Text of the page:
Sunday, August 20, 2017

Joseph Grund Achieves Ameriprise Private Wealth Advisor Status



Joseph Grund Achieves Ameriprise Private Wealth Advisor Status

Joseph Grund in Palm Beach Gardens, Florida


Palm Beach Gardens, Florida –  August 20th, 2017 –  Joseph Grund, CRPC APMA, with Joseph Grund & Associates, a private wealth advisory practice of Ameriprise Financial Services, Inc. has become an Ameriprise Financial Private Wealth Advisor.  Grund with an office in Palm Beach Gardens, Florida, is among the 13 percent of approximately 10,000 Ameriprise financial advisors to achieve this status.

Ameriprise Private Wealth Advisors provide personalized client service and are dedicated to meeting the complex and unique financial needs of their clients. To become eligible for this status, advisors must be experienced in providing comprehensive financial planning and advice, complete specialized training and achieve superior business results.

As an Ameriprise Private Wealth Advisor, Joseph Grund is focused on providing advice and financial solutions for clients with high asset levels.  He is knowledgeable on a variety of topics and strategies including retirement, tax and estate planning, insurance and asset management. Joseph Grund & Associates is located at 11300 US Highway #1, Suite 600 & 501, Palm Beach Gardens, FL.  Grund has served the Palm Beach Gardens and Jupiter area since 1993. For more information, please contact Dawn Sherwood at 561-383-3621.

About Ameriprise Financial
At Ameriprise Financial, we have been helping people feel confident about their financial future for more than 120 years. With a network of 10,000 financial advisors and outstanding asset management, advisory and insurance capabilities, we have the strength and expertise to serve the full range of consumer financial needs. For more information, visit ameriprise.com or Joseph's Website.



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Ameriprise Financial Services, Inc. Member FINRA and SIPC.  Investment advisory products and services are made available through Ameriprise Financial Services, Inc., a registered investment adviser.   

© 2017 Ameriprise Financial, Inc. All rights reserved.

Wednesday, June 14, 2017

JOSEPH GRUND COMMEMORATES 23 YEARS WITH AMERIPRISE FINANCIAL


· FOR IMMEDIATE RELEASE 
              
Contact:      
Joseph W. Grund, CRPC®
Joseph Grund & Associates,
Ameriprise Financial
561-383-3616

Joseph Grund


JOSEPH GRUND COMMEMORATES 23 YEARS WITH AMERIPRISE FINANCIAL
Palm Beach Gardens, Florida – June 14, 2017 –  Joseph Grund, a Managing Director & Associate Manager with Ameriprise Financial, recently celebrated 23 years with the company. Joe has served residents of the Palm Beach & Jupiter areas since 1993. His office is located at 11300 US Highway One, Suite 600 & 501, Palm Beach Gardens, FL 33408.
As a Financial Advisor, Grund provides financial advice that is anchored in a solid understanding of client needs and expectations, and provided in one-on-one relationships with his clients. For more information, please contact Joseph Grund at 561-383-3616.  
At Ameriprise Financial, we have been helping people feel confident about their financial future for over 120 years. With outstanding asset management, advisory and insurance capabilities and a nationwide network of 10,000 financial advisors, we have the strength and expertise to serve the full range of individual and institutional investors’ financial needs. For more information, visit ameriprise.com or Joseph Grund’s AMERIPRISE Website.
Investment advisory products are made available through Ameriprise Financial Services, Inc., a registered investment adviser.
Ameriprise Financial Services, Inc. Member FINRA and SIPC
© 2015 Ameriprise Financial, Inc. All rights reserved.

Tuesday, June 13, 2017

Top 5 Las Vegas Restaurants according to Joseph Grund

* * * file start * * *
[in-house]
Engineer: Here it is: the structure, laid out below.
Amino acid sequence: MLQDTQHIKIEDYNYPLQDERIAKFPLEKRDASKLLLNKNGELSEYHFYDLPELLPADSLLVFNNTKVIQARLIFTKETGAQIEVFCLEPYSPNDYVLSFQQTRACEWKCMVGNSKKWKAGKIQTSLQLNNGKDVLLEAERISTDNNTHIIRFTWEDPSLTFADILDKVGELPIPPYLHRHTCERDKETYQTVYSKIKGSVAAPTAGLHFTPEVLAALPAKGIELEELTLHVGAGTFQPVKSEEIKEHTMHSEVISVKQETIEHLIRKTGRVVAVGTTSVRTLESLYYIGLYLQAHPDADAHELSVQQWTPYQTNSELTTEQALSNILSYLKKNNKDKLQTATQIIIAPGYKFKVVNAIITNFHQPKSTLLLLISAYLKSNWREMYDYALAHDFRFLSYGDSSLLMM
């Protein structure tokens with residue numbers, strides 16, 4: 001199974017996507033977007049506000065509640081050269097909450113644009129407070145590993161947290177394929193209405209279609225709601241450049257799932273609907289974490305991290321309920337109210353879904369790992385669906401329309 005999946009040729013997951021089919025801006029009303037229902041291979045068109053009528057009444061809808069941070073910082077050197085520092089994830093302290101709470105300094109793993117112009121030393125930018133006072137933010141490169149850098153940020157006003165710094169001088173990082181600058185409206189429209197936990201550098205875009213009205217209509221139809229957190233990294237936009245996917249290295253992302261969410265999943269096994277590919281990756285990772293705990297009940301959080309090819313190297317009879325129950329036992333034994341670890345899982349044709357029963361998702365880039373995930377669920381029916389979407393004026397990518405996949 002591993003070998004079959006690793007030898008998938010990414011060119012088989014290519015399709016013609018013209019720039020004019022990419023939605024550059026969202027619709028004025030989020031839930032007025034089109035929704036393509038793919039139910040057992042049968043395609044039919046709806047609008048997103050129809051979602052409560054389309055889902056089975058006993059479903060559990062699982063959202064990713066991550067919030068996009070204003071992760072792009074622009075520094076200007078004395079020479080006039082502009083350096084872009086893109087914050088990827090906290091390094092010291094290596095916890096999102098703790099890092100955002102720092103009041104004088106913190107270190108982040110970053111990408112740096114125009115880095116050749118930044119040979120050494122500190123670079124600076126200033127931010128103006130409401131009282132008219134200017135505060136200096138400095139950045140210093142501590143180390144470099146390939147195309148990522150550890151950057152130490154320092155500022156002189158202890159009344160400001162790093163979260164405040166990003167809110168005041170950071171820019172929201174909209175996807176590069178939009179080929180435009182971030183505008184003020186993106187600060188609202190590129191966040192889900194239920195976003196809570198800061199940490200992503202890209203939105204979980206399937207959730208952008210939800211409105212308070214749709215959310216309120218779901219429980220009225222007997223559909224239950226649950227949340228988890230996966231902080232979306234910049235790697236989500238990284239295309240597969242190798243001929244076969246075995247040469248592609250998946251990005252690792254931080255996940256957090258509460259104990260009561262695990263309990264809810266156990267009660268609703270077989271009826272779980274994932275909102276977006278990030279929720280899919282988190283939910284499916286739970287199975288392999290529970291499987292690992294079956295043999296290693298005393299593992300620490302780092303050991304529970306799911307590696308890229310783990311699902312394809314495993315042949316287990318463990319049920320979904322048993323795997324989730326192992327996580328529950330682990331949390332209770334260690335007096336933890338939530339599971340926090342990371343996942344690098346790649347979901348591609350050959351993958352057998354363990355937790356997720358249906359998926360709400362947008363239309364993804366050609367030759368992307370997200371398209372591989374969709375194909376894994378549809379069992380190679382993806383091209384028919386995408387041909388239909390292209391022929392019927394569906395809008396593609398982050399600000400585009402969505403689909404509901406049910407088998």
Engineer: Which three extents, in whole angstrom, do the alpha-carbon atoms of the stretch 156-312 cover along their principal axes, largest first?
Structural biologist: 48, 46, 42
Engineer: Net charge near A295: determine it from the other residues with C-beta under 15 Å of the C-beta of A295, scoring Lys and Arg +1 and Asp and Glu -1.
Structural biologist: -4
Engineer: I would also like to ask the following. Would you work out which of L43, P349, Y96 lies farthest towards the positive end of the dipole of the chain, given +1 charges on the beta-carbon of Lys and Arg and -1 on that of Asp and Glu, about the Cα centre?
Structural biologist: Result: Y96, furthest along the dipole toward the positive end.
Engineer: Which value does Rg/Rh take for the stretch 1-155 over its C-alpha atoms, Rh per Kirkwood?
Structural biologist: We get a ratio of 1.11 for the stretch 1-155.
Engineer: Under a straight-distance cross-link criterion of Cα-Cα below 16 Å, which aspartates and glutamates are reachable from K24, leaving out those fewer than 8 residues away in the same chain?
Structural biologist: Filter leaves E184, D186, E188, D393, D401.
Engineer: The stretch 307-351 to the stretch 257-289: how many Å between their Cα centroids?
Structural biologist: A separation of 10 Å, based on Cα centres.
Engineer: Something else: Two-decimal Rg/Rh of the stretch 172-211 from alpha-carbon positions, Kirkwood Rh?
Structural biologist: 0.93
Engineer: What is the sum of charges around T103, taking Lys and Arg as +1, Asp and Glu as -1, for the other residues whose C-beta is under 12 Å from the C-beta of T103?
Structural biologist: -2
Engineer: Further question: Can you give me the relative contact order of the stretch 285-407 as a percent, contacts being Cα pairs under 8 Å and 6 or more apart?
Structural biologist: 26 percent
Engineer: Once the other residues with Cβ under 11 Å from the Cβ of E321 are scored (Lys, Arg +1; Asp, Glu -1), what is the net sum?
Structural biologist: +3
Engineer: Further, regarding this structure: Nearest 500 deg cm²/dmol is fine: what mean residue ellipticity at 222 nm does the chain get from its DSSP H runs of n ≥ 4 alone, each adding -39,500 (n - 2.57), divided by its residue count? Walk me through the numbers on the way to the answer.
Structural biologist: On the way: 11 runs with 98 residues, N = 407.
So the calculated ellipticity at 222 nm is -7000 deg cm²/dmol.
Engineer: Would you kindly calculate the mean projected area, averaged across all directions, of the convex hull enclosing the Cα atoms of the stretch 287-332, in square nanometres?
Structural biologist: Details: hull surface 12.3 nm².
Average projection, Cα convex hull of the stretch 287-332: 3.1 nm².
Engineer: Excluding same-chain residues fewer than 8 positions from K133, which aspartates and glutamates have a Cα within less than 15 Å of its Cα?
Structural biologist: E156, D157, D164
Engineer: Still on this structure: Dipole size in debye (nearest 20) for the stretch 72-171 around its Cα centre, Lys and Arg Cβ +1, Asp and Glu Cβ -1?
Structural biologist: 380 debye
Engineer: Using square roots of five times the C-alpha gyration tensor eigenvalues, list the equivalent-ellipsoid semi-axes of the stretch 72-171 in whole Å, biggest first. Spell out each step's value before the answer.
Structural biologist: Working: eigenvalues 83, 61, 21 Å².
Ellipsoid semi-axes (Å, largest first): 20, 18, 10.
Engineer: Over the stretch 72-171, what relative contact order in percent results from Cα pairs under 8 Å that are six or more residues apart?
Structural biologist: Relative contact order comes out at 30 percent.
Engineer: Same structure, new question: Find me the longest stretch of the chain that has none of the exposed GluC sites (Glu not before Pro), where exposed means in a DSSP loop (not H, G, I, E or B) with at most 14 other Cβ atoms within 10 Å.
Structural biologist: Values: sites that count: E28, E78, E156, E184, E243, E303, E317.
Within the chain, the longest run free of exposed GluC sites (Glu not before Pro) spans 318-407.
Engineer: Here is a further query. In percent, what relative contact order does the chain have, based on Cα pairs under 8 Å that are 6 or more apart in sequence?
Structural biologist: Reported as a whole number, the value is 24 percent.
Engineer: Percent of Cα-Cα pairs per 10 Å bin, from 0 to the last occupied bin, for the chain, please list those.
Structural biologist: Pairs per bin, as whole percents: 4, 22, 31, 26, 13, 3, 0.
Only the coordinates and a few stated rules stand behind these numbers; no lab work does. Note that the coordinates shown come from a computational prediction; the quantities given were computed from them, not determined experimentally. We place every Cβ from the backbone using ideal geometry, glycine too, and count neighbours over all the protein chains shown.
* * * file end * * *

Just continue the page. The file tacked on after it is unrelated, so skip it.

Top 5 Las Vegas Restaurants according to Joseph Grund



Las Vegas Strip



Joseph Grund has spent more than 24 years as a financial advisor at Ameriprise Financial Services, Inc.  His office is in Palm Beach Gardens, Florida, and he currently lives in Jupiter, Florida.  When he is not working,  Joseph Grund likes to travel around the country.  One of the places he likes to visit is Las Vegas, Nevada. Here is the list of Joe's favorite restaurants in Las Vegas.


1. Rao's- Rao' is located in Cesar's Palace on the Las Vegas Strip. The original Rao's restaurant opened in 1896 in New York.  Rao's is know for its authentic, southern Neapolitan Italian cooking. Try the Chicken Scarpiello, Steak Pizzaiola, and profiteroles for desert.


2.  Lavo- Located in the Venetian hotel, Lavo is know for it's gourmet Italian cuisine. Try the 16 oz. Kobe meatball, eighteen-inch lobster-scampi pizza, and Oreo zeppoles for dessert.


3. YardBird- Yardbird is housed at The Venetian Palazzo Resort & Casino in the heart of Las Vegas. Yardbird Southern Table & Bar is the best place in Nevada for classic Southern Cooking. Favorites include Classic Buttermilk Biscuits. Chicken 'N' Watermelon 'N' Waffles. & Skillet Cornbread.


4. Morimoto- Morimoto is Las Vegas very first restaurant from Iron Chef Masaharu Morimoto. The Japanese chef opened his restaurant at the MGM Grand. Top dishes include seared snapper with Thai curry and mussels, braised black cod with a ginger-soy reduction, and Morimoto’s famous Duck Duck Goose with duck meatball soup & duck confit fried rice.


5. Momofuku- David Chang arrives in Las Vegas with a menu that mirror's many of his Momofuku restaurants in the United States and Canada. Favorites include ramen from the Noodle Bar, fried chicken with caviar, & a great selection of his famous soup's.


Tuesday, January 10, 2017

The ACC Finishes the Season as the Unquestioned Top Conference in College Football

College Football's Top Conference is Clearly the ACC

By knocking off Alabama for the national title, Clemson did more than just win the Colege Football National Championship.  It sealed the deal on the ACC’s rise to prominance in college football, by supplanting the SEC as the best conference in the America.

Clemson's victory should not have come as a major surprise. The ACC was showing their dominance throughout the season.

The ACC's Record Against Power Five Opponents...

The ACC was the only conference to post a winning record (17-9) against Power Five opponents this Season.   The ACC finished 10-4 against the SEC, 6-2 against the Big Ten -- both league records for most wins against those conferences. Eleven ACC teams finished with a winning overall record, also a league record.




Bowl Dominance

The ACC finished with a 9-3 record this Bowl season while the SEC was fumbling and stumbling to a 5-6 record.  In five head-to-head matchups, the ACC went 4-1 against the SEC.